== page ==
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The last taboo: Why it pays to talk about death

Most people want to focus on the positives to help maintain a happy life. Everyone has goals they want to achieve (places they’d like to go, or challenges they intend to overcome), and staying positive is one of the best ways to achieve them. 

Sometimes, though, it’s necessary to focus on the negatives, even if it’s uncomfortable. There are dark topics we must all face, with death being top of the list for many of us. Dying is something we all fear, so it’s only natural that we avoid talking about it in the hope that it will stop us from thinking about it.

This approach works most of the time. But you will think about it sometimes, no matter how hard you try not to. In fact, in the appropriate situations, if you can work up the courage to talk about death, it can benefit you and your loved ones. Here’s why:

The death of a loved one is always a burden

Most people would agree that what really matters in life is sharing it with those you love. We’re communal creatures, after all. Isn’t your family more important to you than anything else? You won’t need to deal with your death (you won’t really be around for it), but your family will. And dealing with the death of a loved one is extremely hard.

By talking about that time now, setting out your plans and expectations, you can reassure your family and set your own mind at ease. 

For example, do you have a will ready so your estate won’t need to be contested? Are you paying into life insurance to protect the things that really matter? Have you informed the relevant people of what you’d like your funeral to involve? If you don’t talk about death, you can end up ignoring these things, ensuring that you leave trouble behind.

It’s highly likely your loved ones don’t want to talk about it either. We don’t like to think about the mortality of those we care about. It’s easier to assume you have time and kick the can down the road — but that time isn’t guaranteed. It’s best to get these things figured out while you can, even if you need to involve loved ones in uncomfortable discussions. 

Dying can give your life greater meaning

Would you really want to live forever? It’s an easy thing to dream about, but immortality would be miserable. You’d watch everyone you cared about die, breaking your heart over and over again. And if everyone got to live forever, how quickly would life start to feel hollow?

In so many ways, it’s the finite nature of human life that makes it meaningful. Every moment you spend is one you won’t get back. Every joyful afternoon matters within a fixed lifespan. When we talk about death, we accept that we won’t be around forever. This inspires us to treasure the good times and be truly thankful.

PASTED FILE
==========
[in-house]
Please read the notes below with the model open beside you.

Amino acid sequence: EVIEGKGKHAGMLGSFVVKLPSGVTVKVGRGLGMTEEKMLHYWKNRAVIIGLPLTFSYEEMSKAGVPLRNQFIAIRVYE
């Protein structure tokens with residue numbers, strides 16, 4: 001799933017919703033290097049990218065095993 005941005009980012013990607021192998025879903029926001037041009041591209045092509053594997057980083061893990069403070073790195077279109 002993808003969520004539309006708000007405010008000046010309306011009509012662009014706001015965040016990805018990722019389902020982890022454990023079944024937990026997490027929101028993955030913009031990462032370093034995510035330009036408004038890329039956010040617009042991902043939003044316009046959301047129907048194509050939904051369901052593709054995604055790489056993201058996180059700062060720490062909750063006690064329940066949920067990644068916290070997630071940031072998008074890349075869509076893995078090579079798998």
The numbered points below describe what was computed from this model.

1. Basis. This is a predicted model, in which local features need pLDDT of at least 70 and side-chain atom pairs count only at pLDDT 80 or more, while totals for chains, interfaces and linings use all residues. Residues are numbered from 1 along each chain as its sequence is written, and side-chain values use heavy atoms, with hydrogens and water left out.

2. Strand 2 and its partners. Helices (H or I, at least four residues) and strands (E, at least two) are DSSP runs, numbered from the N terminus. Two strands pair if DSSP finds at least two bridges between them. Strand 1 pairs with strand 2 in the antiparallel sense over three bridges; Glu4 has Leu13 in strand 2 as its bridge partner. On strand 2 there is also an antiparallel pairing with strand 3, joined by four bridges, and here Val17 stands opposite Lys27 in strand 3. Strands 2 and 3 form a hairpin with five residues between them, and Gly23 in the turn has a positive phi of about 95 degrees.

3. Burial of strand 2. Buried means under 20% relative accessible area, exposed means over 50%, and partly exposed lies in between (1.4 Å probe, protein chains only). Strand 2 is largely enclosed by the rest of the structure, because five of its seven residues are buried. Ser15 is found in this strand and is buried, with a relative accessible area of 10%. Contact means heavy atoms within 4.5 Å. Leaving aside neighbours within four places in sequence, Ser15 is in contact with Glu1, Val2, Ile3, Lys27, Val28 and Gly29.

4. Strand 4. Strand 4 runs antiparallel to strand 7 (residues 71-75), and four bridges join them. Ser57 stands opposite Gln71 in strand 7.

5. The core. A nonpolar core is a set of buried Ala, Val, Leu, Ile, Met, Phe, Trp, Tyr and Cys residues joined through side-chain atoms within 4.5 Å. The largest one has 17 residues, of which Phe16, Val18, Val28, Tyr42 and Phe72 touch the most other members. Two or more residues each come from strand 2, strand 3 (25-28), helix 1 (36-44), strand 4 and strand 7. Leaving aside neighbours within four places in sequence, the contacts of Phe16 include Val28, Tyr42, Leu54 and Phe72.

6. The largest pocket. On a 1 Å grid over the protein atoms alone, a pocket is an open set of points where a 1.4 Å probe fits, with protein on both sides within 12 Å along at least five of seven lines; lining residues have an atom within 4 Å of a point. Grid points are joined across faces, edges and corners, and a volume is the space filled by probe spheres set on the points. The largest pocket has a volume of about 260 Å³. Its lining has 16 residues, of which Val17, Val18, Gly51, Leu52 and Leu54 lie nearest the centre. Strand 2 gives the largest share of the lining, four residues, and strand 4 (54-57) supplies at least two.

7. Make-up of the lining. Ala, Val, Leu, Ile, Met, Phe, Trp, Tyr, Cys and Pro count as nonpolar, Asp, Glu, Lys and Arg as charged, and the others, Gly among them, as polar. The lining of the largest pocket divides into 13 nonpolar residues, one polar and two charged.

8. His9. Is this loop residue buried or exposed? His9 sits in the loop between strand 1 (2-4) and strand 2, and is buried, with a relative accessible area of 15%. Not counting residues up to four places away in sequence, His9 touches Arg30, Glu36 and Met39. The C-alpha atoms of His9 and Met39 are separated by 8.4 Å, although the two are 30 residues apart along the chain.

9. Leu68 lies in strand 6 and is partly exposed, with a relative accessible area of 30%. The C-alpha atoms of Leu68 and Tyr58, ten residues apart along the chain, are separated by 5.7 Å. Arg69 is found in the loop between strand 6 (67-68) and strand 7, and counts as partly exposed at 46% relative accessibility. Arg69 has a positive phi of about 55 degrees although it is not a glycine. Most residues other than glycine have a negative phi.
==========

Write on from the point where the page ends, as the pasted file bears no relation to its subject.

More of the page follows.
And when we avoid thinking about it, we start letting our precious time slip by. Today is just one of many days. It’s nothing special. But what if today is all you have? Remembering that your days are ticking down can make every part of your life feel more vibrant.

Sharing can free us from the fears holding us back

Accepting that you only have so much time is one thing, but changing your life is a different thing altogether. Part of the problem — perhaps the biggest part — is that we’re afraid. We fear both death and failure, but we conceal those fears, allowing them to fester within us.

When you open up about your fears, things change. You’re reminded that you’re not alone in having them. You also gain some vital perspective. When you can look at fear from outside, you can see how it needlessly holds people back, and figure out how to handle it.

Even simply admitting that you’re terrified of death can prove hugely liberating. Once it’s out there, you can start to unpack it. Is it the unknown that scares you? If so, remember that ‘unknown’ isn’t the same as ‘bad’. But maybe it’s the prospect of living an average life that truly scares you. If so, accepting that fear can liberate you from it. As long as you’re still alive, you still have the potential to turn things around and find a true purpose.

There’s great comedy to be found in our indignities

Death can be funny. In fact, it can be hilarious. Morbid comedy has a key role to play in society. The fact that we wither away doesn’t need to sink our spirits. Gallows humour allows us to make it a source of joy. Some people plan elaborate pranks for their funerals. Others joke about their memories going or their bodies falling apart.

When something terrible happens, you can choose to laugh or cry about it. Crying has its value, but laughter is generally more useful. Every time you laugh about your hairline receding or your knees giving up, you take life’s biggest source of heartbreak and make it a laughing stock.

In the end, it’s best to find a good balance with conversations about death: it isn’t something you should talk about very often, but you should talk about it on occasion. You can make practical plans, look for inspiration or motivation, or even try to undercut its power to scare you by cracking wise about it. Fearing the topic of death will only make you fear it more. It’s a normal part of life — so let’s normalise it!

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Written by Alistair Clarke

Alistair Clarke is a writer and amateur philosopher who likes to tackle the big topics. He's firmly of the opinion that being prepared for every eventuality is the key to contentment. He might have been a therapist in another life, but he's satisfied with how things turned out.

Written by Alistair Clarke

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